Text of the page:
Then, you need to be truthful and say what you can’t do, but you should also let them know what you can do for them and frame that in the best possible light.
So, emphasize the positives by using positive words to put forward the realistic option, using words like ‘great’ and ‘fantastic’ to inject energy into the conversation.
Steve adds: “When the customer demands something that isn’t realistic, what you need to be able to say is: ‘I can’t do that for you, but what I can do for you is…’.”
When the customer demands something that isn’t realistic, what you need to be able to say is: ‘I can’t do that for you, but what I can do for you is…’
“This means that you leave the customer with something positive and that they have control over, so they are confident that something will and can be done after that call.”
If the customer still isn’t best pleased, highlight where else they may be able to obtain what they are looking for.
But if they continue to still ask for the unrealistic option, spell out why you cannot deliver that, don’t just say, “It’s company policy.” Customers hate that!
So, the keys to handling calls from demanding customers include:
- Acknowledging what they want and why they want it
- Using positive words to frame your preferred option
- Highlighting where else they may be able to obtain what they’re looking for
9. The Nit-Picking Customer
These customers will never be satisfied, no matter what you do. Instead, they question your decision-making at every opportunity and adopt a passive-aggressive tone.
As the advisor, your patience is really going to be tested here. After all, some people just cannot be satisfied. If these customers won the lottery, they would complain that the notes weren’t new enough.
So, you need to again be conscious of your own emotions when taking these calls, ensuring that you are being patient, polite and maintaining a respectful tone of voice.
In terms of controlling the direction of the call, Steve says: “Point out the benefits of what your company is offering and ask if that will help them. The key is to try and find out what they want.”
“There are a variety of different reasons why some people nit-pick – it can be chronic, habitual or emotive. If you think it’s emotive, you can potentially turn that customer around by being human, not reacting to the negatives and showing empathy.”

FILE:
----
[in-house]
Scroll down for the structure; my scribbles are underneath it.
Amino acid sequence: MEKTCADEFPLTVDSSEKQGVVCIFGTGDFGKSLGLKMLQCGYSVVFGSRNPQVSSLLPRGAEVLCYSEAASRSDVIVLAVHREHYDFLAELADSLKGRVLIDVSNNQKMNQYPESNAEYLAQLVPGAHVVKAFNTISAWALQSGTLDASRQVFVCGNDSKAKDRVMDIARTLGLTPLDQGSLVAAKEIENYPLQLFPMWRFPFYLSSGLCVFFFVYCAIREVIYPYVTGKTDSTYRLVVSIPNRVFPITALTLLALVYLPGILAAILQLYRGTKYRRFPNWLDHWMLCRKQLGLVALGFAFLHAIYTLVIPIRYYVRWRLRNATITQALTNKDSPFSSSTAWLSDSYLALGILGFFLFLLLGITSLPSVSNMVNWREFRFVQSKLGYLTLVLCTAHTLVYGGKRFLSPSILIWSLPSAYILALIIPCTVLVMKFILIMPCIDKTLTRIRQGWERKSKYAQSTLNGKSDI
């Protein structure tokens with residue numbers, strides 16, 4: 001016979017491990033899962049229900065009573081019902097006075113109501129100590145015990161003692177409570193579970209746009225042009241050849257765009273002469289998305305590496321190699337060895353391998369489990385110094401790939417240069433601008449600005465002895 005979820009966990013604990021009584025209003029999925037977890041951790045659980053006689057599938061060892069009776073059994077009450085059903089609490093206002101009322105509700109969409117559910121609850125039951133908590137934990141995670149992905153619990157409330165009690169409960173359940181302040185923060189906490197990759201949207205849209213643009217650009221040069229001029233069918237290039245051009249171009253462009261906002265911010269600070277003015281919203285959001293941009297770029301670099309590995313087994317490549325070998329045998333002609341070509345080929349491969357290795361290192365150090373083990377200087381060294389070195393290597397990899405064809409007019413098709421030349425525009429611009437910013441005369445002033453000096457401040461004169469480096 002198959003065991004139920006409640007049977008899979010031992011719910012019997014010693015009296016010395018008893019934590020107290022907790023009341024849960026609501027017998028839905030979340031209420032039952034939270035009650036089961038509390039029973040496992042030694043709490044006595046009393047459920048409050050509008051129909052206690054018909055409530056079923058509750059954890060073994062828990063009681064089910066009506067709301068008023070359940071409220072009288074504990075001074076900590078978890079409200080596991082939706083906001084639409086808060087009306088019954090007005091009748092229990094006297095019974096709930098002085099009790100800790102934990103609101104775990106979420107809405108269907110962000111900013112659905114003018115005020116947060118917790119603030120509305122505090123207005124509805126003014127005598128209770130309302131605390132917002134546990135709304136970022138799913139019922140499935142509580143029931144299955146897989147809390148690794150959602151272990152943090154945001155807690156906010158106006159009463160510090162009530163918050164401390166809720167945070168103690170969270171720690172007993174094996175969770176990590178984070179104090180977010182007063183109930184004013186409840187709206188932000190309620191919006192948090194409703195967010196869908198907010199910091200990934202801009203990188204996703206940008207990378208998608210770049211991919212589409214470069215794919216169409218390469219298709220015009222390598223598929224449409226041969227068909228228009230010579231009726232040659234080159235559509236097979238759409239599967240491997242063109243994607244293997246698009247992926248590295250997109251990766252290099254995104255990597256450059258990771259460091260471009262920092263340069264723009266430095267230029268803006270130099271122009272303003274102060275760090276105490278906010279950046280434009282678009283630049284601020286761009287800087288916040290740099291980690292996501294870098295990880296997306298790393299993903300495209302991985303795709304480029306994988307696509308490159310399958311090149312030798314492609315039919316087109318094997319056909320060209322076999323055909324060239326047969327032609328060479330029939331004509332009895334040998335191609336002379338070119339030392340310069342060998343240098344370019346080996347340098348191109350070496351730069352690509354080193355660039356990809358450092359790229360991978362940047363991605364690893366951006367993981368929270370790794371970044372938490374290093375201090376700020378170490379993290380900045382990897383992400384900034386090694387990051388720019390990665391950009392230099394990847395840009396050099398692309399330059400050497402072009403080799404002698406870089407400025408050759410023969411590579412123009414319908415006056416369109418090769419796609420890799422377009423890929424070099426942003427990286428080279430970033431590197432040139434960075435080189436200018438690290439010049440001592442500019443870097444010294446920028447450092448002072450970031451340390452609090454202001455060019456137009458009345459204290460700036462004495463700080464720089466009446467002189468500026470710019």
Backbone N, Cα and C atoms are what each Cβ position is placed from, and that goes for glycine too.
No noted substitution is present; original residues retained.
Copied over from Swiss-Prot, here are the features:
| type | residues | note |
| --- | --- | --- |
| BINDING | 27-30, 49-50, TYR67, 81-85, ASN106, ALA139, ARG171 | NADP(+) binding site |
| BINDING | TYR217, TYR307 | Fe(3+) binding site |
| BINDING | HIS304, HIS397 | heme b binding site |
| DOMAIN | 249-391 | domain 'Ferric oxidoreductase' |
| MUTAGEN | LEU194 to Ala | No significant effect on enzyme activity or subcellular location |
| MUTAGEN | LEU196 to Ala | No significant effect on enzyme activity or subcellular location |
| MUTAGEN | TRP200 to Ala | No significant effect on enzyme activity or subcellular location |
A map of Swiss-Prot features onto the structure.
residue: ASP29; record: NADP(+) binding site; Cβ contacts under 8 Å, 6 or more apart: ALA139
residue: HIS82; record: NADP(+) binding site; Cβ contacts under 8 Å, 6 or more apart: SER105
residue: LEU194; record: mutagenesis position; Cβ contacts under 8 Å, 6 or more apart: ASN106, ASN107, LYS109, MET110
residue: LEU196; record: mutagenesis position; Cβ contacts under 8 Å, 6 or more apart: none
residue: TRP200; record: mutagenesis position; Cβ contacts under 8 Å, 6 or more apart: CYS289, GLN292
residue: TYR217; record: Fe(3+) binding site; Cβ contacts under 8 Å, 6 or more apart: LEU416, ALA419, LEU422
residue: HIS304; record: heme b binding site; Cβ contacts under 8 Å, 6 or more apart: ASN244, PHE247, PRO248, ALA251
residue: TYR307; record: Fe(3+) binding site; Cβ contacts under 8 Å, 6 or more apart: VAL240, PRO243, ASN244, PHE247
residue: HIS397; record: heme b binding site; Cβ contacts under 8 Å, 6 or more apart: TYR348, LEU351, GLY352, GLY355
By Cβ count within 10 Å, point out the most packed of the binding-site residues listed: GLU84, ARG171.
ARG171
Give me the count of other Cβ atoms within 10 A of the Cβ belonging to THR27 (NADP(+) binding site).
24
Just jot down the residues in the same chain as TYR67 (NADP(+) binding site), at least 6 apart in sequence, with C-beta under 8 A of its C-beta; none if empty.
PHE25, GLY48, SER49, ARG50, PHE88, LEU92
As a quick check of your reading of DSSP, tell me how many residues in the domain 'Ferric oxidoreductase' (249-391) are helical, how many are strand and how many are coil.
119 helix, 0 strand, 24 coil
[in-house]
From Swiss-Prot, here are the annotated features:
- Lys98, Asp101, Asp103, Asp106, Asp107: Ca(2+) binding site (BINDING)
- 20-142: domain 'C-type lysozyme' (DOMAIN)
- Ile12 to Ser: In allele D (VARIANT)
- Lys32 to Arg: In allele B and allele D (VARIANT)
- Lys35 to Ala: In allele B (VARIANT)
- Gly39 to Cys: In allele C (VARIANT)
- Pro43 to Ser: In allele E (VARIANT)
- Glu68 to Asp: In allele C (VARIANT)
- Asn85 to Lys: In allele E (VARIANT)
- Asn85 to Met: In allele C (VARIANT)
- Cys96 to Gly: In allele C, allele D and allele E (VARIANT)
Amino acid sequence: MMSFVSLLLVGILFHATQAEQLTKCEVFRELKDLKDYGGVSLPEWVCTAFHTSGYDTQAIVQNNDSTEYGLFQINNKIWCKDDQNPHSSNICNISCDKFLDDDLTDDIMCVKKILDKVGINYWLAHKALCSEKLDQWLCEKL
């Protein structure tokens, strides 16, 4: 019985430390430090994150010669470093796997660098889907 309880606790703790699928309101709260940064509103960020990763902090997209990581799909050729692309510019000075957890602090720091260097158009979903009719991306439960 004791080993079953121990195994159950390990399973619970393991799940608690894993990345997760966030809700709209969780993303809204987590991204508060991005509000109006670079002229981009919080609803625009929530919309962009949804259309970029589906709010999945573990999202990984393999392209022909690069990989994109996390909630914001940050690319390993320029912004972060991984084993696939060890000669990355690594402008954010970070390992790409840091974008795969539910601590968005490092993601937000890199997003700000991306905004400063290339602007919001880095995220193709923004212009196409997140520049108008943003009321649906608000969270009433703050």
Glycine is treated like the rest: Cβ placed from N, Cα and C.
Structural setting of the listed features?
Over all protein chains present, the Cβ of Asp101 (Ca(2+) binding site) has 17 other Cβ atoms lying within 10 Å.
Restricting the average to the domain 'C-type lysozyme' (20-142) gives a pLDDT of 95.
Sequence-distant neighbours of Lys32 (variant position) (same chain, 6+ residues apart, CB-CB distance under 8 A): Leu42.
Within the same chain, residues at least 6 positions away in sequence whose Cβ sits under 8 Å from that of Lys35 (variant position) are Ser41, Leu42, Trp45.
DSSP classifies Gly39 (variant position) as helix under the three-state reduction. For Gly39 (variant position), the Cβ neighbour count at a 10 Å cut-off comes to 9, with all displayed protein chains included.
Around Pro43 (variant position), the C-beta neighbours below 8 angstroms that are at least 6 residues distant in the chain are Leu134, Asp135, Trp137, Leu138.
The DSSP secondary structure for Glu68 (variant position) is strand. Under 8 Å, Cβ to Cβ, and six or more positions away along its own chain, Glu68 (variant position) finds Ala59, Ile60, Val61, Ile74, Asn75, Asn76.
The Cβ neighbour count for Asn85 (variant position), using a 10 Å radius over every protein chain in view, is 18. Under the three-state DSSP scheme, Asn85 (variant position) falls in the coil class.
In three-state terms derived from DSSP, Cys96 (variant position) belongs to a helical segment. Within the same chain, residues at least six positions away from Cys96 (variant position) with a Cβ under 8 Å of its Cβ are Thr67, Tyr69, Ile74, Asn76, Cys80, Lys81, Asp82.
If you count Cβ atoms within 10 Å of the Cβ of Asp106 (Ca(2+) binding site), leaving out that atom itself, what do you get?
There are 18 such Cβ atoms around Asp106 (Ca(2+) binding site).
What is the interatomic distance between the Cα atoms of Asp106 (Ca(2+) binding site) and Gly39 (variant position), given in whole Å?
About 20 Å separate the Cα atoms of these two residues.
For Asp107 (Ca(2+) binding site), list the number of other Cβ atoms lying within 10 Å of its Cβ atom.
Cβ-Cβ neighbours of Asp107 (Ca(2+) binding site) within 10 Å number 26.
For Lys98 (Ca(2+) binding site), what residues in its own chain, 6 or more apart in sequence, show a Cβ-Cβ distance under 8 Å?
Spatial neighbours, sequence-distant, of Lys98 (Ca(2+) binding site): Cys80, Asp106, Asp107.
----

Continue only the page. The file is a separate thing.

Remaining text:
Although it’s difficult, your role as an advisor is to be professional and friendly and to see if you can win the customer over.
Just remember to think the best of the customer and consider that they may be upset about something else, so there may still be an opportunity to win them around.
So, the keys to handling calls from nit-picking customers include:
- Being patient and maintaining a respectful tone of voice
- Promoting the benefits of your product actively
- Identifying their key “call drivers”
The Common Themes
Handling calls from challenging customers is where advisors really earn their money. From the list of nine types of challenging customers above, we have noticed some common themes in handling different challenging customer types.
So, before this article comes to a close, we just want to highlight some of the common tools for handling challenging customers, which, if used properly, will lead to many more successful contact centre conversations.
- Using active listening to get all the necessary information
- Acknowledging how the customer feels and showing empathy
- Managing your own emotions and tone of voice
- Adopting different questioning techniques where appropriate
- Identifying the customer’s main “call drivers”
We hope that your team is confident in each of these areas. But if not, a quick search of the Call Centre Helper website should give you plenty of hints and tips to help you on the way.
For more on handling challenging customers, read our articles: